Legally in the clear. Professionally murky to outright pitch dark. It's no different than if my non-educator husband started mocking his customers. His company would fire him immediately because it makes them look bad.


Quote:
but that feels like punishing the kid for the behavior of a parent, and that never sits well.
Bad behavior rarely affects only the person acting badly. It's the nature of life. And often the ostensible reason for parent behavior is so that little Johnny can have the best. If parents start to see how their behavior publicly and immediately negatively affects little Johnny, maybe they'll shape up.
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Defamation suit by teacher against parent
Old 08-21-2019, 05:42 PM
 
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I am a teacher who filed a defamation suit against a parent for untrue statements the parent made about me to the superintendent, who then used some of those statements as a charge of dismissal.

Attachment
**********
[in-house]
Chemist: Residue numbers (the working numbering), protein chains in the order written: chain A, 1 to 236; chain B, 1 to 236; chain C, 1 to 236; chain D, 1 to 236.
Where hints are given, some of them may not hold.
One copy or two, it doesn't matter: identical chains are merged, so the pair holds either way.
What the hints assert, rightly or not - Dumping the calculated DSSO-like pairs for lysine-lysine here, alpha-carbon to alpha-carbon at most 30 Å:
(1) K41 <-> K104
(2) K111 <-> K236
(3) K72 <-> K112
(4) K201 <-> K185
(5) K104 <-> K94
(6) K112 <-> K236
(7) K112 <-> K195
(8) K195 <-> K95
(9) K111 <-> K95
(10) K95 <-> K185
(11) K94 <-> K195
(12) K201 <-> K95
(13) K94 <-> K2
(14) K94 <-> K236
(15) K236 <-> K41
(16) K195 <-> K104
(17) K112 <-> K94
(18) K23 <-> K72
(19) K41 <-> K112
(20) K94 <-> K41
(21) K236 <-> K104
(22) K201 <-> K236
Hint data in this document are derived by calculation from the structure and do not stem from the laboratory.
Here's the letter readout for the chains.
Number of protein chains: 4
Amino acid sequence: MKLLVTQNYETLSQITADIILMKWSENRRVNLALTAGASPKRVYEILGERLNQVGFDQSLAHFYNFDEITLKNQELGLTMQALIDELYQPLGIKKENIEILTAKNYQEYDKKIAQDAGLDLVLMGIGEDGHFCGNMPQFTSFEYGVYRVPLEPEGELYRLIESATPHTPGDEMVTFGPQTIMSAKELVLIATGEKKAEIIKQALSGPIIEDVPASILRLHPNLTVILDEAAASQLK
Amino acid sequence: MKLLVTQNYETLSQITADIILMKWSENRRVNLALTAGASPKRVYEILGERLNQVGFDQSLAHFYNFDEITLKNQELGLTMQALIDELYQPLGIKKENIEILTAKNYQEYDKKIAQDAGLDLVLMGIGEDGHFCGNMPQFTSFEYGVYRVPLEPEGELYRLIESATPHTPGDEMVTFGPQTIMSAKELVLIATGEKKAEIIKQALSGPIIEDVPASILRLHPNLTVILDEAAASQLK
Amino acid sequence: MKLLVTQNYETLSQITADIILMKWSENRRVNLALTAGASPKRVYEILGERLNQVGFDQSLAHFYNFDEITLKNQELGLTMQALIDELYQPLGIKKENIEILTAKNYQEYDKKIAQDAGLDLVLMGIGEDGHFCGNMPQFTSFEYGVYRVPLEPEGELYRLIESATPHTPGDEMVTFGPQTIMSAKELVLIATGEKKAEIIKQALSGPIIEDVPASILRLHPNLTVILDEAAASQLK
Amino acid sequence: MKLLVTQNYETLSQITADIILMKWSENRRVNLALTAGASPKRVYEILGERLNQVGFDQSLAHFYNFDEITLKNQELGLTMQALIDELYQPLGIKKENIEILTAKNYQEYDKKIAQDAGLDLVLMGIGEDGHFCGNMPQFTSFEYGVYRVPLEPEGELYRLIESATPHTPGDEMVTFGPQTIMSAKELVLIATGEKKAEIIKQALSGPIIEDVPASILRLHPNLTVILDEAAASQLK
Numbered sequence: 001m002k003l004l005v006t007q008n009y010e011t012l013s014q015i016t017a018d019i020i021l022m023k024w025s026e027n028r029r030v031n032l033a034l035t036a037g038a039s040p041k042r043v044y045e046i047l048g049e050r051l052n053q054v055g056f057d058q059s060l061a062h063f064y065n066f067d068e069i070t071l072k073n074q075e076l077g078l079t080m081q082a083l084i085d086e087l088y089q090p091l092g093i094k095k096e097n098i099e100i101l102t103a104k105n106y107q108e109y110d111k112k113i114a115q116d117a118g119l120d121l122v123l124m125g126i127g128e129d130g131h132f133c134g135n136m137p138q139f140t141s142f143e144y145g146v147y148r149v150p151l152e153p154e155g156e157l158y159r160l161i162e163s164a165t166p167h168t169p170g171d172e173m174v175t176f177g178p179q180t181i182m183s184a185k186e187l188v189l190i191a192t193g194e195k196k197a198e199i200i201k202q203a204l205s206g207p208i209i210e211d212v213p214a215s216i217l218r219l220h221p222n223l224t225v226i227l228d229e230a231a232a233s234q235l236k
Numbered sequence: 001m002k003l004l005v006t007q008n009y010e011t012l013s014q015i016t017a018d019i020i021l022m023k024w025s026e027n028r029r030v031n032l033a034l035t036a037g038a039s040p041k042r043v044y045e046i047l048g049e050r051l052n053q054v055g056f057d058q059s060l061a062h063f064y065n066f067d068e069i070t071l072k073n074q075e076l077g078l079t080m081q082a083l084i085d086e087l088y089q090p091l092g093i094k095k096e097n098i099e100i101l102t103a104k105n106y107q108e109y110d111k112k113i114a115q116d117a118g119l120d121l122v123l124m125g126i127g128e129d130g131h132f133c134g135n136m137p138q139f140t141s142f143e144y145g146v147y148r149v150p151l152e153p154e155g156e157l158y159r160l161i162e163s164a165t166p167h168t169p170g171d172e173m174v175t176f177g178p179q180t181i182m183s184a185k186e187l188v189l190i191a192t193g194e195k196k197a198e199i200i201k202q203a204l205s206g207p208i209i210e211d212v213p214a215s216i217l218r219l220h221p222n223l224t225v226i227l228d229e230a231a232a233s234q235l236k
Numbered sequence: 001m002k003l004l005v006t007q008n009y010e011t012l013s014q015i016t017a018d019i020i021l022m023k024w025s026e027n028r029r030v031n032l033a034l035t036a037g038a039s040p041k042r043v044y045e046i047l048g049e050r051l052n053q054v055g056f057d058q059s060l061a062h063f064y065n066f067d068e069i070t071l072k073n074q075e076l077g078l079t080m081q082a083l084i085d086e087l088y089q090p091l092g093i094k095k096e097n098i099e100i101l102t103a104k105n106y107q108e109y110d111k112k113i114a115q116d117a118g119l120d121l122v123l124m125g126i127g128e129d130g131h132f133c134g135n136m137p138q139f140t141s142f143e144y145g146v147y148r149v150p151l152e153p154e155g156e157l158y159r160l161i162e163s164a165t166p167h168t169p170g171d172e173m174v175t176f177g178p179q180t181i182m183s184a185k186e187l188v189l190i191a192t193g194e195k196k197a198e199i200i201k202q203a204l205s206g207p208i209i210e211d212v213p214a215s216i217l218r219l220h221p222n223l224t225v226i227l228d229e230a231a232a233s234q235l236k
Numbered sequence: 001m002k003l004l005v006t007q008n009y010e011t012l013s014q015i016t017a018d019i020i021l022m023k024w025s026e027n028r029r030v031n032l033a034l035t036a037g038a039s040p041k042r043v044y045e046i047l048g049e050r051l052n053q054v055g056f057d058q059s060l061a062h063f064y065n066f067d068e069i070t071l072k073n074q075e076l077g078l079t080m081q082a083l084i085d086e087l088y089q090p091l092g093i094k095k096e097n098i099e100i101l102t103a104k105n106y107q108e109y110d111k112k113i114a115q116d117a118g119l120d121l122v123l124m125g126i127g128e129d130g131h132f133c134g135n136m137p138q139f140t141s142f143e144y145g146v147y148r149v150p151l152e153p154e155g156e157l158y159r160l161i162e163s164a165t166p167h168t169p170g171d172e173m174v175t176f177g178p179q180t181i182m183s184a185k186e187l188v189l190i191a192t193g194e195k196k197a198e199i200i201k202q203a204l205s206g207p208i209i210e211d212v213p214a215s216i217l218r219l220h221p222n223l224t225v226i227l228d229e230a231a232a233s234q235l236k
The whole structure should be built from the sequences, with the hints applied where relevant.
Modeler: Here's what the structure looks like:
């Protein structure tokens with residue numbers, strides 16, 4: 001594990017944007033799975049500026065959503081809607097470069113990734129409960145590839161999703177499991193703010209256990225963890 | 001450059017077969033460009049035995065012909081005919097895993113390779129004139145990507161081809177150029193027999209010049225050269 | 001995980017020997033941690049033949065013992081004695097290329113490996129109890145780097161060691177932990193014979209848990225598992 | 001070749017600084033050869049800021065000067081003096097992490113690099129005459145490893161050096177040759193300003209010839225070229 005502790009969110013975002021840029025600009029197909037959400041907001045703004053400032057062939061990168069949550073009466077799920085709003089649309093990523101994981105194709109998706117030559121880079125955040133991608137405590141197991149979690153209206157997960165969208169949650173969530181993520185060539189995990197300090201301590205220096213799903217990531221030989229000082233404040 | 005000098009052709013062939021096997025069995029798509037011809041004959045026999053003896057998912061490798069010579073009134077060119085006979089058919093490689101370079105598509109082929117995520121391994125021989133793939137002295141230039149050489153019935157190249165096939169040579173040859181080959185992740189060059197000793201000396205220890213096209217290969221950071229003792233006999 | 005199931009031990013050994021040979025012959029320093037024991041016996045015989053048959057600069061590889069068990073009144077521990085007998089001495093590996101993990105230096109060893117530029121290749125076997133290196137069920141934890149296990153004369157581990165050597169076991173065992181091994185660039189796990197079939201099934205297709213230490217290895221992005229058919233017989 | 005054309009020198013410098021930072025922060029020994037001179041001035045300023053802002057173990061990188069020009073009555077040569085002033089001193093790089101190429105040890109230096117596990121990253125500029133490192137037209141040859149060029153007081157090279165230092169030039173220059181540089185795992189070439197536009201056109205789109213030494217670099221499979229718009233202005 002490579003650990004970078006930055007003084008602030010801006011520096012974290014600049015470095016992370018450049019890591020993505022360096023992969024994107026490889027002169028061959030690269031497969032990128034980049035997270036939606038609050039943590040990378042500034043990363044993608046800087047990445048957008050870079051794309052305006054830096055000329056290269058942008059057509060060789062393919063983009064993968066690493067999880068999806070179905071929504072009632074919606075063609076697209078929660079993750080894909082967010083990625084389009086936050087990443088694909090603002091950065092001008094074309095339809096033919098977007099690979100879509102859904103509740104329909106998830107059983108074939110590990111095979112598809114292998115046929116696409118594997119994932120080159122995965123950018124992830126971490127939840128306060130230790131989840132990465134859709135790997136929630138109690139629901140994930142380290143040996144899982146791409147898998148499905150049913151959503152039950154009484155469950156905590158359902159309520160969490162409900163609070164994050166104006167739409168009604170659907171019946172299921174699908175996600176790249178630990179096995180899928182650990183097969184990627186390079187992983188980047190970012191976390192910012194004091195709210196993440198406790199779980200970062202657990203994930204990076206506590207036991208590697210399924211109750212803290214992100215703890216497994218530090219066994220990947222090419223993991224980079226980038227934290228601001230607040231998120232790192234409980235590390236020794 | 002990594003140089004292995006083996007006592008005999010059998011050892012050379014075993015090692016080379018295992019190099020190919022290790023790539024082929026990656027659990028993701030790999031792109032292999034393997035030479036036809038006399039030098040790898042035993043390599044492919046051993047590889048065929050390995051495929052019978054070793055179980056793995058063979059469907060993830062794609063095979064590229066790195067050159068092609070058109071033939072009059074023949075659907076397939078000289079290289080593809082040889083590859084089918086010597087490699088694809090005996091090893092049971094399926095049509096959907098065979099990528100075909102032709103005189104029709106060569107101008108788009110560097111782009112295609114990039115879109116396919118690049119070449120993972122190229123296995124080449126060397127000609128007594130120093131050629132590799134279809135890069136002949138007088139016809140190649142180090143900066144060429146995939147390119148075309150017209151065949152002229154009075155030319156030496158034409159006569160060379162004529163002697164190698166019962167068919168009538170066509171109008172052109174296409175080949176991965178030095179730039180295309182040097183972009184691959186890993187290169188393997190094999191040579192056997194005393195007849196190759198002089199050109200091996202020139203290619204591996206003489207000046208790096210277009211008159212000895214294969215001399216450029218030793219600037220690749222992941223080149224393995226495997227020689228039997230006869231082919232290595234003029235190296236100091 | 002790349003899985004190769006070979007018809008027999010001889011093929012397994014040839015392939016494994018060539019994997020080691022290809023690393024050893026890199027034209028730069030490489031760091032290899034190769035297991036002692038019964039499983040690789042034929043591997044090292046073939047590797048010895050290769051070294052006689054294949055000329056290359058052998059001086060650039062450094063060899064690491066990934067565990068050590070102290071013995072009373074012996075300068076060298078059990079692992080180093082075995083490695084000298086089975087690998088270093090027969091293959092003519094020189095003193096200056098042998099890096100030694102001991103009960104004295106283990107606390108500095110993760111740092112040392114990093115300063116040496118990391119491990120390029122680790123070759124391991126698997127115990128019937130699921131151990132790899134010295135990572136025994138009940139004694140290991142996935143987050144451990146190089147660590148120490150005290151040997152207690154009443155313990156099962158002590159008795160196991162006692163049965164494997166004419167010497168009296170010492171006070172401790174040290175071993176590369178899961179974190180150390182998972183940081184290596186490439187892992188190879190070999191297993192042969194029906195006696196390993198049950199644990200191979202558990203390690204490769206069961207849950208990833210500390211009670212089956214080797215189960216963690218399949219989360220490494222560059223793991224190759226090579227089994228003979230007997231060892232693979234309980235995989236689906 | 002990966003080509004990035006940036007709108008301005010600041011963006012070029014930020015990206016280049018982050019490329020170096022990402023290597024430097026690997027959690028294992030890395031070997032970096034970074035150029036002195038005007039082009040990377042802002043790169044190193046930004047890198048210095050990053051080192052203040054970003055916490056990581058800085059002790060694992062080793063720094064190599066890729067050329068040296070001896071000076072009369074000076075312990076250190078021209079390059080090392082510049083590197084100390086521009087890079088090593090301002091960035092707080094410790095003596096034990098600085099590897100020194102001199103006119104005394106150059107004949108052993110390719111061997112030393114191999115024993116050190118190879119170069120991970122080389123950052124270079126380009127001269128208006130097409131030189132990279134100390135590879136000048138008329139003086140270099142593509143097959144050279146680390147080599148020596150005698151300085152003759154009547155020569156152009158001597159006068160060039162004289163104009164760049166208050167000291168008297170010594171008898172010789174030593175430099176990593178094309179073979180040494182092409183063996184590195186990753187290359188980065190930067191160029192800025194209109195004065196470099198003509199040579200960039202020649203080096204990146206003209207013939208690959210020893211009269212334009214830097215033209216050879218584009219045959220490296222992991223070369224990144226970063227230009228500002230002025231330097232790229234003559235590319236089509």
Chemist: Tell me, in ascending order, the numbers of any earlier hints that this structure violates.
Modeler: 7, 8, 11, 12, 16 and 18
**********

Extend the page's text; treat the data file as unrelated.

My case is still winding its way through the legal system, so I have no outcome to report ... yet.

This is what you need to know:

Anything legal takes a long, long time.

Defamation is either verbal, which is slander, or written, which is libel. Each state has different timelines, but typically there is a longer period in which to file suit for libel.

Filing suit is an attention-getter for more than just the person you filed against; other parents, other teachers, and especially school system administrators see you in a whole new light.

A court trial is different from an administrative hearing, which is what most states use to terminate teachers. A lawsuit involves discovery and subpoenaed witnesses; you tell the other side what documents you want, and they must provide them, and you call witnesses who must appear whether they want to or not (if they don't show up, the judge can put them in jail for contempt of court). An administrative hearing (at least for teacher termination in my state) does not require discovery, which means the other side can refuse to give you documents that would help you prove your case, and witnesses who could testify in your defense can be summoned but not required to attend, and some won't because they fear losing their job. *** BTW, discovery in my defamation suit provided evidence that several witnesses at my termination hearing made false statements under oath.